Close Menu

This story was originally published on April 13.

Chronix Biomedical said today that it is partnering with the University of Calgary to develop a commercial version of Chronix's serum DNA-based blood test for the early detection of bovine spongiform encephalopathy, also known as mad cow disease.

The BSE assay will be the first commercial application of Chronix's technology, which detects, amplifies, and sequences disease-specific circulating nucleic acids that are released into the bloodstream by damaged and dying cells.

Get the full story with
GenomeWeb Premium

Only $95 for the
first 90 days*

GenomeWeb Premium gives you:
✔ Full site access
✔ Interest-based email alerts
✔ Access to archives

Never miss another important industry story.

Try GenomeWeb Premium now.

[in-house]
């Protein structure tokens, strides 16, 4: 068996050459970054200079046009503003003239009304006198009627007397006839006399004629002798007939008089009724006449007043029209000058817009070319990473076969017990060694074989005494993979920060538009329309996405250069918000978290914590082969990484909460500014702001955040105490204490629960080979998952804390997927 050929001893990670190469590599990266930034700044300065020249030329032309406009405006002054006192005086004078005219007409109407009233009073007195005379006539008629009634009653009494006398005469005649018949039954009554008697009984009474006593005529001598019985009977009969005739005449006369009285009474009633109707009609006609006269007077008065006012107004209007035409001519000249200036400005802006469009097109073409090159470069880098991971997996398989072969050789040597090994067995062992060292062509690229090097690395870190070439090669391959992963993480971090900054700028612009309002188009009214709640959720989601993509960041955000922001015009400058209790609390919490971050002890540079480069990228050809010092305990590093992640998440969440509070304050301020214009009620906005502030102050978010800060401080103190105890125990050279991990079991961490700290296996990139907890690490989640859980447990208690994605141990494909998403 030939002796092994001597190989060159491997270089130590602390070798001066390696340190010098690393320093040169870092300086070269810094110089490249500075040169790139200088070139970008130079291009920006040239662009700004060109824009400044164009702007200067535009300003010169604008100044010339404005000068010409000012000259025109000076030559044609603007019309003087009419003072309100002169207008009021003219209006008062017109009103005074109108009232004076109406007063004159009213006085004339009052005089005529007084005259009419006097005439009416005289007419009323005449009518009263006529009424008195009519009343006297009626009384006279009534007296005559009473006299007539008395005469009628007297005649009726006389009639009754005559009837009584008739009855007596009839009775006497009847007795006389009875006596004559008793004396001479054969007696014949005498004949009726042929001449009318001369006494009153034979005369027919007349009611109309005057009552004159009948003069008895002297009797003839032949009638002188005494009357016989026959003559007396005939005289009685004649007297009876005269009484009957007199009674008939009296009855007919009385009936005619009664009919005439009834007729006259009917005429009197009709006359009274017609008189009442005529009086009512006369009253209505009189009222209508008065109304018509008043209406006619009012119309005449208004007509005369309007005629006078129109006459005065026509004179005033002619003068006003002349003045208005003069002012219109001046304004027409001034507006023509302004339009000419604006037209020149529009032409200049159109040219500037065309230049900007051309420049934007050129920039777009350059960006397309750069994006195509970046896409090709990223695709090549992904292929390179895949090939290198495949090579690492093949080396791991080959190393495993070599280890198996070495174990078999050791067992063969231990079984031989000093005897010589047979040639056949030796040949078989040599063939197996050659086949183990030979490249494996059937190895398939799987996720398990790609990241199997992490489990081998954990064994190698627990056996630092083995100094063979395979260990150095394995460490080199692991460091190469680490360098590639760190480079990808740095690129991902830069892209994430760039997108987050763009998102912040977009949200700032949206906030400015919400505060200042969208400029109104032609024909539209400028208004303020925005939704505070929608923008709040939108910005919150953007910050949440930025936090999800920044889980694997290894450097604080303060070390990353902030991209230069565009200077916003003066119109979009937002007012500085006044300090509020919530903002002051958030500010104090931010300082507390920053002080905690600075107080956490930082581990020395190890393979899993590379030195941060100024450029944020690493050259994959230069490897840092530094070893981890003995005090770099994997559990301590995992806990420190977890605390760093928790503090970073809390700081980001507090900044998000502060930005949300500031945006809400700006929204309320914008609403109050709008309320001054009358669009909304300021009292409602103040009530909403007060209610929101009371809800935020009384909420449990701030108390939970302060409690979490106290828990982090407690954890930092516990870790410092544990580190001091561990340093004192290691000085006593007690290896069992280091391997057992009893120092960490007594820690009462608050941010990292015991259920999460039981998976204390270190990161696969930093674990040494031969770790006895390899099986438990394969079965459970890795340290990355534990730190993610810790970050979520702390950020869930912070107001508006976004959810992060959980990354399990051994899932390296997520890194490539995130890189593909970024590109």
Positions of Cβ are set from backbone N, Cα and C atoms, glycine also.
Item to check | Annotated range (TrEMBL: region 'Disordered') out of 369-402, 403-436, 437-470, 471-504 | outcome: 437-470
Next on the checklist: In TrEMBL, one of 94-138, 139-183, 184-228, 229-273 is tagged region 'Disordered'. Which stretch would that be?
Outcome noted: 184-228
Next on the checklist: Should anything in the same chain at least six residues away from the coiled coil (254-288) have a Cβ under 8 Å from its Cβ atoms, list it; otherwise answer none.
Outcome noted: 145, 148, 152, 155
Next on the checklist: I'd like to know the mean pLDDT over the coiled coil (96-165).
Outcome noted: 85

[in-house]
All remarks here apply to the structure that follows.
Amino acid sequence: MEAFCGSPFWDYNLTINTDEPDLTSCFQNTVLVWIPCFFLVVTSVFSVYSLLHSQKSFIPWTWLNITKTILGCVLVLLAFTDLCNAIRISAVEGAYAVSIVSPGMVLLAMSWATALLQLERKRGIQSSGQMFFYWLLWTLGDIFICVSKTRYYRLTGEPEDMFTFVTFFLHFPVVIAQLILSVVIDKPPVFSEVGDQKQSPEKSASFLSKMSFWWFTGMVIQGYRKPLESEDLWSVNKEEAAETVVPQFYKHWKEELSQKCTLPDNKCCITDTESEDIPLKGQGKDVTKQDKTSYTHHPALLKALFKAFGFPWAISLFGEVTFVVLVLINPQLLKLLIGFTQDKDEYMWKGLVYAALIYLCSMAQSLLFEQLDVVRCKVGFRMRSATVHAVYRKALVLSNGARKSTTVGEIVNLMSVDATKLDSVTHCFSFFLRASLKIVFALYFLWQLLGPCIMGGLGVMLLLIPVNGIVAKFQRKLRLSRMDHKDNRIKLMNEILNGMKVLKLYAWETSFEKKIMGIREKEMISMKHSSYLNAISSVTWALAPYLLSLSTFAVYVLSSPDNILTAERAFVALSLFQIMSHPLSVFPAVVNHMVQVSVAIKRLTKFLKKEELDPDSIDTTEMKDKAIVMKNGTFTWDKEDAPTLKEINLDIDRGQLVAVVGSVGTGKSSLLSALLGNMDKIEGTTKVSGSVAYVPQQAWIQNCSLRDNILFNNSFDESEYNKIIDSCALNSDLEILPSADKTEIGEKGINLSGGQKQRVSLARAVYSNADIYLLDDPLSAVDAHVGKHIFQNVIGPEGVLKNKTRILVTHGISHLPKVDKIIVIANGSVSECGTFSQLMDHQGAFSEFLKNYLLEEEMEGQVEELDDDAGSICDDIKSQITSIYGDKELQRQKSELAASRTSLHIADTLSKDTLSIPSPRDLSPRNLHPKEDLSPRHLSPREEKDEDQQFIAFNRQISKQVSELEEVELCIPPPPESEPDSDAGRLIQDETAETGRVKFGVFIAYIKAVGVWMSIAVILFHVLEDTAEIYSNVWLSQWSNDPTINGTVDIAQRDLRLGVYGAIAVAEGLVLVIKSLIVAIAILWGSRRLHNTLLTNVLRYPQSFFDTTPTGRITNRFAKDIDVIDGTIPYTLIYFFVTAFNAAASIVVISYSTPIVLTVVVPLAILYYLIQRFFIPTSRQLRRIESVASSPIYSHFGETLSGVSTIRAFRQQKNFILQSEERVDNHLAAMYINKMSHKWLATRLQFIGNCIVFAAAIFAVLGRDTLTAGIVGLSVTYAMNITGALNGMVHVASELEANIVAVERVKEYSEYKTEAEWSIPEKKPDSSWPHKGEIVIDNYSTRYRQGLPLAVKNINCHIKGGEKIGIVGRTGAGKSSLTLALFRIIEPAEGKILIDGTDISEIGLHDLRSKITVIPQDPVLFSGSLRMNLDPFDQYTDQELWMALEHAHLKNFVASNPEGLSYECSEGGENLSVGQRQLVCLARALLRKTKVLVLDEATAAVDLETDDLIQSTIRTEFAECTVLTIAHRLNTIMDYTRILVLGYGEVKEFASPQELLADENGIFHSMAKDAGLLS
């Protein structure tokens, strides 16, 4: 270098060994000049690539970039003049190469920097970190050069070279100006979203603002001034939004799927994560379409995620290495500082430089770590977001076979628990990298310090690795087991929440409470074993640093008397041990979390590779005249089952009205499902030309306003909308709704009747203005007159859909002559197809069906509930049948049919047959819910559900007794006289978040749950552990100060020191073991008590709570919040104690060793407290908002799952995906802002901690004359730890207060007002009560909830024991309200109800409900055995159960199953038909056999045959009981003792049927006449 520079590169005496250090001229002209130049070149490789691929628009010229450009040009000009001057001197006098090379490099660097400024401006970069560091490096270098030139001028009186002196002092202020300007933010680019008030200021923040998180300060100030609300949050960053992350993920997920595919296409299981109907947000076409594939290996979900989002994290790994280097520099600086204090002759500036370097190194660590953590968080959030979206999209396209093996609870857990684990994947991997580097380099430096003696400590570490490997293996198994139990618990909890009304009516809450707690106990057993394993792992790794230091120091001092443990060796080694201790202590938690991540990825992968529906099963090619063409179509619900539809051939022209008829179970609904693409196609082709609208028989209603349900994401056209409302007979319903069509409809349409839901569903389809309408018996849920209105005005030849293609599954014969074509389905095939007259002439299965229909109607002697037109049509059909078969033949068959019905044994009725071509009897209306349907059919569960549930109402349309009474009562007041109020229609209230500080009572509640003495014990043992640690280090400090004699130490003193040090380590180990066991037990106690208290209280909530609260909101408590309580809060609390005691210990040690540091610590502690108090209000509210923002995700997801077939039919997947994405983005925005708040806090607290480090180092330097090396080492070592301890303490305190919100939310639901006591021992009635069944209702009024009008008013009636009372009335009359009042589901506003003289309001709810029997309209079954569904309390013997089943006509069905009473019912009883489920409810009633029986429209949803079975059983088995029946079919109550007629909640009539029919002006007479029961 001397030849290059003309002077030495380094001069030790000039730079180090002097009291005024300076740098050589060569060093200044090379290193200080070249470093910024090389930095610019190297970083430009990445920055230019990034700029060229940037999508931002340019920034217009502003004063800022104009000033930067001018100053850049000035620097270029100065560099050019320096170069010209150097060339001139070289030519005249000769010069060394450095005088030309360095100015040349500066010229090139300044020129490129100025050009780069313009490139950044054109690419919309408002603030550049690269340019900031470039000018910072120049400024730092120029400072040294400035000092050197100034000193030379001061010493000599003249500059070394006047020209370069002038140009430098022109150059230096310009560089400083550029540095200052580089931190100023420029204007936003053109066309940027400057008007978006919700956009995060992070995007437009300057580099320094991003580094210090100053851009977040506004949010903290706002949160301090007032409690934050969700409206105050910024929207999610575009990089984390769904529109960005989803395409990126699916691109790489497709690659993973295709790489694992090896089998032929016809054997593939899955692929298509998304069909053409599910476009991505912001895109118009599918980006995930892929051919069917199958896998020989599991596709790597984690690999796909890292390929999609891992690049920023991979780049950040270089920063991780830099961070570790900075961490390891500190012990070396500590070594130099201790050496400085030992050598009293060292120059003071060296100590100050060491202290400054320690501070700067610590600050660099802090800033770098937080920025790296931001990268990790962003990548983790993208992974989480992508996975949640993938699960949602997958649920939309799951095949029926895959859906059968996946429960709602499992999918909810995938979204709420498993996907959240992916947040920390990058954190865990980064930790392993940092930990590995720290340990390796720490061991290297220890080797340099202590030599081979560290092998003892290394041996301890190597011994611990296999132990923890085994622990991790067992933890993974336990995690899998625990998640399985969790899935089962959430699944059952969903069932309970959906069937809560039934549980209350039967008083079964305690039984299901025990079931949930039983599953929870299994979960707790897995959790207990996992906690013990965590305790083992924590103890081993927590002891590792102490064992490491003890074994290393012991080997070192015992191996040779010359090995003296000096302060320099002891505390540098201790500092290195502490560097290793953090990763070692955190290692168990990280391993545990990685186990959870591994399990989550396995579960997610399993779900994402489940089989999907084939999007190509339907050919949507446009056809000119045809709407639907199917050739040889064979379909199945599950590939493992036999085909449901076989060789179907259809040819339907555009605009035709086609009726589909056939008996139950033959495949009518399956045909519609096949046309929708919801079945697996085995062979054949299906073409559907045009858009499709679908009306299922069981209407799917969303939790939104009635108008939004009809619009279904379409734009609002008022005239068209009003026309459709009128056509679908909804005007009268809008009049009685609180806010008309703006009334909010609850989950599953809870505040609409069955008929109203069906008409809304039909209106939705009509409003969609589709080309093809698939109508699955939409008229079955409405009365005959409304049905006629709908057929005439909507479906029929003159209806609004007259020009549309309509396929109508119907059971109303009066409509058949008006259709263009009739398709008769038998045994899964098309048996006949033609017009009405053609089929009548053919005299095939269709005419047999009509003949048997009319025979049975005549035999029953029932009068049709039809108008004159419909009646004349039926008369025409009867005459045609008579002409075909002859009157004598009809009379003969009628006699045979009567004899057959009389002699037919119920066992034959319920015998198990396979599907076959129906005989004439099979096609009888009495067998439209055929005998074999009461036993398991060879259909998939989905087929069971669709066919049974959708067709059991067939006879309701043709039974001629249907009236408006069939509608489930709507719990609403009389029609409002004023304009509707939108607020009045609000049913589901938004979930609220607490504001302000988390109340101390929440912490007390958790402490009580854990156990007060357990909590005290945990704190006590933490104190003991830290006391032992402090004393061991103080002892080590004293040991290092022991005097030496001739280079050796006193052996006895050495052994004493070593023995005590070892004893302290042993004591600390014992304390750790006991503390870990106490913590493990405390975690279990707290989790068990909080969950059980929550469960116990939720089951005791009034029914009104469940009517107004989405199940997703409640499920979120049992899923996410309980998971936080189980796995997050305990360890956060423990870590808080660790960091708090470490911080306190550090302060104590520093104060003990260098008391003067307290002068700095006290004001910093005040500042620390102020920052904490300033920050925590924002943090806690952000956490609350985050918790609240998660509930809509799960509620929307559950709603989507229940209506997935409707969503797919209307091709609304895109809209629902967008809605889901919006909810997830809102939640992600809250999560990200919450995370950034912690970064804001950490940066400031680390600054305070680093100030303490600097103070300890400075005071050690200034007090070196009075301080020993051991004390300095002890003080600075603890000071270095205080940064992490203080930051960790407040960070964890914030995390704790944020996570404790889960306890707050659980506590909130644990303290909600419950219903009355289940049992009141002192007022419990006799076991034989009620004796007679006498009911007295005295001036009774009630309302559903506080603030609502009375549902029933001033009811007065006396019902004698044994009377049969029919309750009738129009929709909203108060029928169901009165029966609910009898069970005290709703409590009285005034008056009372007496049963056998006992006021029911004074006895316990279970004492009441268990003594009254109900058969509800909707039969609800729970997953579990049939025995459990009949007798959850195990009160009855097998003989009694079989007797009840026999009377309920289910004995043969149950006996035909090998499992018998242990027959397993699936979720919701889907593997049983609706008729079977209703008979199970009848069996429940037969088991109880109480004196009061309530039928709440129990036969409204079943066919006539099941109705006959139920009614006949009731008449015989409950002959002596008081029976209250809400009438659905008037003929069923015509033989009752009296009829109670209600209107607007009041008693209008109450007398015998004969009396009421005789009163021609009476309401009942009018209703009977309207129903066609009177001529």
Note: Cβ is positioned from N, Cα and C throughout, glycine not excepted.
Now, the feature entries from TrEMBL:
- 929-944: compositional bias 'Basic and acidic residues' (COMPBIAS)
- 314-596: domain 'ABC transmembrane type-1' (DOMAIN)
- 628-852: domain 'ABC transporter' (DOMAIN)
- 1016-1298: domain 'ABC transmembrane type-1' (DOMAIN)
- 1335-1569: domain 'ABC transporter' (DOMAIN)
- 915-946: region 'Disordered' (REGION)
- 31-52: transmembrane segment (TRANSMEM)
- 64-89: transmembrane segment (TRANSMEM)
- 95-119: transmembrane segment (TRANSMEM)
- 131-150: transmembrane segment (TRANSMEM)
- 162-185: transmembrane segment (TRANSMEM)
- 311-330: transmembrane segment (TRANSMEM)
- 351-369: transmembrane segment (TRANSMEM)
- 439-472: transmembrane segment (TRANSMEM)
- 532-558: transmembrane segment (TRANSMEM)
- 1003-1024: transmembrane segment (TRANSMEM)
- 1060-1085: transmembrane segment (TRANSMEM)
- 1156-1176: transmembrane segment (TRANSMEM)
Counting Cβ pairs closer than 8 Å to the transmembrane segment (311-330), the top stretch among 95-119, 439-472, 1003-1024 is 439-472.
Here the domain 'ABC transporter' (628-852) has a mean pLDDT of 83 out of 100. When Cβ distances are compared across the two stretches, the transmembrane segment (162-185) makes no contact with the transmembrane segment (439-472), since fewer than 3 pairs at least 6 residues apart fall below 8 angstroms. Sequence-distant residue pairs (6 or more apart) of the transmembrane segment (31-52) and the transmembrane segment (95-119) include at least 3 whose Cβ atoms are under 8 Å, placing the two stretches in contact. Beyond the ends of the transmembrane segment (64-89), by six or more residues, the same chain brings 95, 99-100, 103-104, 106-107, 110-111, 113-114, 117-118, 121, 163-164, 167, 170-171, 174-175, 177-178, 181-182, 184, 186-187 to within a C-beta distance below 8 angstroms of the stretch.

You may already have institutional access!

Check if I qualify.

Already a GenomeWeb or 360Dx Premium member?
Login Now.

*Before your trial expires, we’ll put together a custom quote with your long-term premium options.

Not ready for premium?

Register for Free Content
You can still register for access to our free content.

Matt Hancock, the UK health secretary, is calling for the swift rollout of predictive genetic tests, the Guardian reports.

A WHO panel is calling for a global registry of human germline gene-editing projects, according to Stat News.

Vox writes that lab mishaps involving pathogens are quite common.

In Genome Biology this week: analysis of wild and cultivated peach genomes, Hi-C-based pipeline for assembling microbial genomes from metagenomic data, and more.

Mar
27
Sponsored by
Swift Biosciences

Sequencing workflows require library quantification and normalization to ensure data quality and reduce cost.